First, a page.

One of the funding buckets of the NDIS is called “capacity building”. Capacity building refers to building the skills of the child to become more independent. In terms of speech pathology for children, it also refers to building the skills of parents and carers so they can independently nurture the communication skills and independence of their children.

Research shows that parent/carer training is so important to achieve greater outcomes. In a therapy session, this may mean that the speech pathologist coaches the parent in how to practice strategies at home. When the parent is at home, they use the communication strategy in the natural home environment where it is more meaningful to the child.

For children with alternative and augmentative communication, this may mean that therapy sessions focus more on coaching family members and support workers about how to model language. This enables the child to continue to have opportunities to communicate beyond the four walls of the therapy room. This truly helps the child participate in everyday activities like using their device to request McDonalds instead of going home.

Parent training/coaching makes sense. After all, your child spends most of their day with you and their other carers (such as teachers).  This is why capacity building is so important and great value for money.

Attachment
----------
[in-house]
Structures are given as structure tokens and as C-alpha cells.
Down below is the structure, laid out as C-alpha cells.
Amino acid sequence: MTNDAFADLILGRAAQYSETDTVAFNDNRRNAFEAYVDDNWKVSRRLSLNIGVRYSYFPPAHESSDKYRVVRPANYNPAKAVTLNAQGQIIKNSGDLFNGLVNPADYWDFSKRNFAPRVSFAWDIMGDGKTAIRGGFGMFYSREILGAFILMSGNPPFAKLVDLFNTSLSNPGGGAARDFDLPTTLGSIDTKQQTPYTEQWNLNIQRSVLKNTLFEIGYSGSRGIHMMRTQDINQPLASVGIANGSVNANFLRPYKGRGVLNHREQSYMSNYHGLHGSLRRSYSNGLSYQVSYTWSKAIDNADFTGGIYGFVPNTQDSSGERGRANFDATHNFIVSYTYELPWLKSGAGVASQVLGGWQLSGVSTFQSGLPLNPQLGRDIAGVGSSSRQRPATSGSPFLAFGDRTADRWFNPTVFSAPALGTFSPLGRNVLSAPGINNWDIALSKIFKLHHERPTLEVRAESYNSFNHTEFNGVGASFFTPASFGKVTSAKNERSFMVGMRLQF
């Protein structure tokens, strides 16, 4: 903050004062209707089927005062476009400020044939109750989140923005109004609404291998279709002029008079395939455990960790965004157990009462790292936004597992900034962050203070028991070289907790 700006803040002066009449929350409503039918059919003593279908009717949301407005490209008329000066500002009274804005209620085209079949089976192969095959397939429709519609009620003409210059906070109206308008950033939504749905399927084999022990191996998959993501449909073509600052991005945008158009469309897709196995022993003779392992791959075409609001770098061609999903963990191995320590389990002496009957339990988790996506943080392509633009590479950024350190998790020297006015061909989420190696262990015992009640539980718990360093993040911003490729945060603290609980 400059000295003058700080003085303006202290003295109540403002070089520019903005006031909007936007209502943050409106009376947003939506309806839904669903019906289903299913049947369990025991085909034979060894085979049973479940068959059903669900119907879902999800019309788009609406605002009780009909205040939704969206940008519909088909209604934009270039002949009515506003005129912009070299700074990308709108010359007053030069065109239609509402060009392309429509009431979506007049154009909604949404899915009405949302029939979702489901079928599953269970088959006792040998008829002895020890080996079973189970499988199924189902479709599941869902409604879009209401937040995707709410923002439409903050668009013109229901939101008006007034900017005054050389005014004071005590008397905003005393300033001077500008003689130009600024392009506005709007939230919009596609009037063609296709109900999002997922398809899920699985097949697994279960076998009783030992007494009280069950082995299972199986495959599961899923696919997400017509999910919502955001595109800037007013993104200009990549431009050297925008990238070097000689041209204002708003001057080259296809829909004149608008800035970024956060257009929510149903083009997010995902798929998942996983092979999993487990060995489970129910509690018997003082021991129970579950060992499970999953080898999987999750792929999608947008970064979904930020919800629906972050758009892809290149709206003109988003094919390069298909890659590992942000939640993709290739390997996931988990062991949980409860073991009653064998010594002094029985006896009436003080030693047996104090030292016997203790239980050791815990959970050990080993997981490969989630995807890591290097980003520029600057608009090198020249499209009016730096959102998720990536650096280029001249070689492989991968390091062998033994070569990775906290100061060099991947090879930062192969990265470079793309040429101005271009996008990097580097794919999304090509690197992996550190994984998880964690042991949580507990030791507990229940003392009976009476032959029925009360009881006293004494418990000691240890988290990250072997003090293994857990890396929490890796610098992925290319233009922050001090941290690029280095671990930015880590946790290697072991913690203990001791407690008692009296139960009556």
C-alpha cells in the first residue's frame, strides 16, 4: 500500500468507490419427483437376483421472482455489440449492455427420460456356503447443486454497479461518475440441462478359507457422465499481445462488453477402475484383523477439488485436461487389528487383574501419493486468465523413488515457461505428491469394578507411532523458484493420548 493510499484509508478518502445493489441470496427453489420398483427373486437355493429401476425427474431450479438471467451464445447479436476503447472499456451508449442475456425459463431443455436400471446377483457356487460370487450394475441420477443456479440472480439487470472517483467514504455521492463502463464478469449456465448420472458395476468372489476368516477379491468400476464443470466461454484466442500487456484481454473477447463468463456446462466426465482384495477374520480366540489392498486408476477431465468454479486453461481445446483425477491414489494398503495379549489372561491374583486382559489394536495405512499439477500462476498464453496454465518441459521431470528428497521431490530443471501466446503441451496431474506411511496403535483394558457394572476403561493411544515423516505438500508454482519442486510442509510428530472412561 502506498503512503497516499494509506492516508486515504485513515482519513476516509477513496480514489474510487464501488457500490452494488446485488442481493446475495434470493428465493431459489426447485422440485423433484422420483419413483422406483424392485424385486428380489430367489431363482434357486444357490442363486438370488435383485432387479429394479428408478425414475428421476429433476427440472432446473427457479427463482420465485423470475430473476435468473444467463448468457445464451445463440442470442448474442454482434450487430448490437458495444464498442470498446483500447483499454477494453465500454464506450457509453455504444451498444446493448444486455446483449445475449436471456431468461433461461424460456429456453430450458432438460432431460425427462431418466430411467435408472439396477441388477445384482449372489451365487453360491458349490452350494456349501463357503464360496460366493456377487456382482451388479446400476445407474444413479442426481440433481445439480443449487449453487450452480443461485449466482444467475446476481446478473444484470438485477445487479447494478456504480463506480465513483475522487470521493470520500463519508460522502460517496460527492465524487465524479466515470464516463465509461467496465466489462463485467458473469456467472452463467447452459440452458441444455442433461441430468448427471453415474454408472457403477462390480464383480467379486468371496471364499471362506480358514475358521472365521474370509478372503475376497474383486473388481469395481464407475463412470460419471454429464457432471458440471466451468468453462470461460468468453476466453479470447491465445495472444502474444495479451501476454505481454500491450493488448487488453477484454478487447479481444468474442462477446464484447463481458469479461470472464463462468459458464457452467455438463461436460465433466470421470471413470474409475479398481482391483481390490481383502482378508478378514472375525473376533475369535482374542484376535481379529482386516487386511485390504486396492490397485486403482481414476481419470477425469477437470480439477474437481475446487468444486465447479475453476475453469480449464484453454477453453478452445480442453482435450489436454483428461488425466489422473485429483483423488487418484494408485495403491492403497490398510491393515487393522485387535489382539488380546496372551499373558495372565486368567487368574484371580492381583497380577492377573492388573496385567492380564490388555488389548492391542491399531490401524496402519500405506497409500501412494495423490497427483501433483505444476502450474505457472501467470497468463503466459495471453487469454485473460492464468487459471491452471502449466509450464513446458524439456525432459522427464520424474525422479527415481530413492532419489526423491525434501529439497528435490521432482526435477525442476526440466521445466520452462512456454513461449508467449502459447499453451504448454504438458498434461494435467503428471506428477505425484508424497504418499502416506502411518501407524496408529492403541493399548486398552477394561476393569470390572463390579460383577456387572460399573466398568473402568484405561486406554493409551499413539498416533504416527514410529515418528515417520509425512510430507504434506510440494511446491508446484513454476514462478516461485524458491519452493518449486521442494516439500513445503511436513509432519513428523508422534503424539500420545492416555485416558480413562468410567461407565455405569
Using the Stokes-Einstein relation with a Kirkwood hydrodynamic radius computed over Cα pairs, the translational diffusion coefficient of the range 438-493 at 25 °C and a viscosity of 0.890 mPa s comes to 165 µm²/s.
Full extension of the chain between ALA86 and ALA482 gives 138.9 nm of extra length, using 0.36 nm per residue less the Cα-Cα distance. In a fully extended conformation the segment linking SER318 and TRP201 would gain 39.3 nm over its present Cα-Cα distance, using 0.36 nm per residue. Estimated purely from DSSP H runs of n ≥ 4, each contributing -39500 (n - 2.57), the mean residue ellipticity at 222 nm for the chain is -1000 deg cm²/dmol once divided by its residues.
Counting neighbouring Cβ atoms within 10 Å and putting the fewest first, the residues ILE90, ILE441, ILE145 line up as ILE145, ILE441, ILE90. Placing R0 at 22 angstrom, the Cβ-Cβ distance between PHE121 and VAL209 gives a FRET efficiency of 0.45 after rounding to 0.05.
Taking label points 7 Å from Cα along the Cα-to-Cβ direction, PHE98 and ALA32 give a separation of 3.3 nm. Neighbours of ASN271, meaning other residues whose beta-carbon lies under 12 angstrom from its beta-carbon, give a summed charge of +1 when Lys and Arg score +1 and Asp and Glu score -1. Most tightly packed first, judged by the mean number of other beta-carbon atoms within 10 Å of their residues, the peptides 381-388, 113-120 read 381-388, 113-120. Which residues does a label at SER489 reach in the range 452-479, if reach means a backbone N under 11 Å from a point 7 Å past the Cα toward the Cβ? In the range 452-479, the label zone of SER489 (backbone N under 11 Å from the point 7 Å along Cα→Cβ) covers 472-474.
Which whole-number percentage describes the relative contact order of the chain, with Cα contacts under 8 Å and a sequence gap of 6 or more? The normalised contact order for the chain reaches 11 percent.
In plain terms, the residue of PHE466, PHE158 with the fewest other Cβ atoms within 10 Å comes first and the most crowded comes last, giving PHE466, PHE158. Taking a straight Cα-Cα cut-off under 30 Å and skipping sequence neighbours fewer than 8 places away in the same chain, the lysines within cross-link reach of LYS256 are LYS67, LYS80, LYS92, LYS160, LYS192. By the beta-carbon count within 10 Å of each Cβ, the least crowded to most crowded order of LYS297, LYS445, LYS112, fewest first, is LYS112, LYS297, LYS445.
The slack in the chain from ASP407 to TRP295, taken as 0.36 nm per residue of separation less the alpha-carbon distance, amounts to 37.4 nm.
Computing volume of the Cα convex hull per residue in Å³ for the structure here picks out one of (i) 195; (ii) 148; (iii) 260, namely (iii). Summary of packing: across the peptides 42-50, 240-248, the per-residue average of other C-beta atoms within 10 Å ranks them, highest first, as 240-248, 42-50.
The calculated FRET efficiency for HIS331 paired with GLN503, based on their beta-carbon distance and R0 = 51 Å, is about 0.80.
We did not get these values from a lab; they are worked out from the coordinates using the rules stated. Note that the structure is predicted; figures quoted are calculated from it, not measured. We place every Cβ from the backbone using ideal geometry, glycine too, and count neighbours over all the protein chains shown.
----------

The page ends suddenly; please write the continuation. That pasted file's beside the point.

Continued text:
When we include capacity building goals into our speech pathology sessions we are providing evidence based practice. It also avoids the potential for co-dependence between the speech pathologist and the family. The family and other supports are better equipped to continue to provide support for the child without lifelong input from the speech pathologist. 

Supports must be value for money

Another key feature of NDIS funding is that funded services are value for money. As speech pathologists, we need to ensure that our therapy intervention meets the “reasonable and necessary criteria” outlined by the NDIS.

As health professionals, we want to ensure we provide value for your money.  It all comes down to goal setting and measuring outcomes. If we find that we are not getting the expected progress, the speech pathologist will need to make some clinical decisions:

  • Perhaps the therapy approach needs to change.
  • Maybe the child needs a break from therapy.
  • Maybe the child needs to stop speech pathology and use funds to access a different type of support at that stage of their life.